The pleasant lack of roommate-induced cabin fever

RachelAnn Degnan, Senior Reporter

With the stay-at-home orders due to the pandemic, some students worried that every morning they would have to wake up and do online schooling in a living space that they had to share with people they did not respect or like. However, they were pleasantly surprised by how much they have bonded with their housing companions.

Joshua Petersen, a senior majoring in computer science and mathematics, only knew one of his five roommates when he moved into his new home. 

“It was weird trying to get to know them during quarantine, but I feel lucky because they are all chill and pretty much keep to themselves,” Petersen said.

One of Petersen’s roommates is an artist and spends most of his time creating new music. 

“It is really cool to hear his work, and since I’ve moved in I have learned a bit about making music,” Petersen said. “But that’s not all I have had the fun privilege of learning from them.”

In the few months that Petersen has lived in his house, he said he has learned multiple profound life lessons.

“For example, one of [my roommates] spent their entire quarantine with their best friend, and now they absolutely can’t stand each other,” Petersen said. “It’s really eye-opening to how too much time can ruin relationships.”

Brook Monteith, an education junior, has had a very different experience. Monteith signed her lease in February and, at the time, had no idea she would be isolated with her roommates.

“I knew both of my roommates, so I didn’t feel overwhelmed when I found out I was going to be trapped with them,” Monteith said. “I just had to assume and trust that they were safe and that we would take all the precautions we needed to.”

Monteith preferred being isolated in her Ellensburg apartment over her childhood home.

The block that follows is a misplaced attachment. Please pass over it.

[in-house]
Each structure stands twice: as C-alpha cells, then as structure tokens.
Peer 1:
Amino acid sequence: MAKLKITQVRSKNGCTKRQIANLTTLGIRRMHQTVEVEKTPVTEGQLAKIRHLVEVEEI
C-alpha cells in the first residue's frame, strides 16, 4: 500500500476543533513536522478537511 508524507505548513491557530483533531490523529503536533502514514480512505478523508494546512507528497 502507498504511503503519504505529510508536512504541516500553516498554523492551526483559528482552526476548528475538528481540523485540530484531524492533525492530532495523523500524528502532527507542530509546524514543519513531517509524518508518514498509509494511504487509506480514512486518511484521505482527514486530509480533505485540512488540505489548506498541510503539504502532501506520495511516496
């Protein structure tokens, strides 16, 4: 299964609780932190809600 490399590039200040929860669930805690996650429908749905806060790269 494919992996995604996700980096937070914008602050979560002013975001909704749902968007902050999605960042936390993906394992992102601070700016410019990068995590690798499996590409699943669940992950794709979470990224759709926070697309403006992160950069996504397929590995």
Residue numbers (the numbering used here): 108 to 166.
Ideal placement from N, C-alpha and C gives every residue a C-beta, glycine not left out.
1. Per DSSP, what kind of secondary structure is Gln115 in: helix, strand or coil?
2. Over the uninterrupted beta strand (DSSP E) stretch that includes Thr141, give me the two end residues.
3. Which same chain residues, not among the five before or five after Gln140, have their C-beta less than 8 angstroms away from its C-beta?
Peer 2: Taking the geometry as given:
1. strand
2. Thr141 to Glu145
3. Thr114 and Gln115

“I love my family, but the two things I am most excited about to have here in Ellensburg over my home is the internet and having my own space,” Monteith said. “I hang out a lot with [my roommates], but we also respect personal space, and it prevents us from overwhelming each other.”

Monteith said she was also extremely grateful for her roommate’s cat, who provided comfort when she felt alone.

“The cat is so nice to have around even if she does steal our blankets,” Monteith said. “There is just a presence always in the apartment, and sometimes that is really comforting when I feel alone.”

Ben Brown, an aviation junior, lives in a dorm with his three roommates.

“At first, since we were in the dorms, we had to mask up and keep to our [individual] rooms for about a week,” Brown said. “Now, when we have everything done, we hop on to one of our roommate’s TVs and play Xbox games together.”

Brown said he was pleasantly surprised by how friendly and accepting his roommates are, and he has continued to pursue a friendship with them.

“Recently, we went up to Snoqualmie Pass and hit the mountain together,” Brown said. “We haven’t had any problems with working online either because we just communicate with each other and let others know we are in a meeting. It makes the whole everything online part of college a bit more bearable.”

Brown is excited to continue making memories with his roommates, and he suggests that other people put in the effort to get to know the people living in your home.

“Reach out to them, if you can, before you move in. Find some common interests and try to find things you can do together,” Brown said. “Doing this will make it easier to communicate and stay civil throughout your time together.”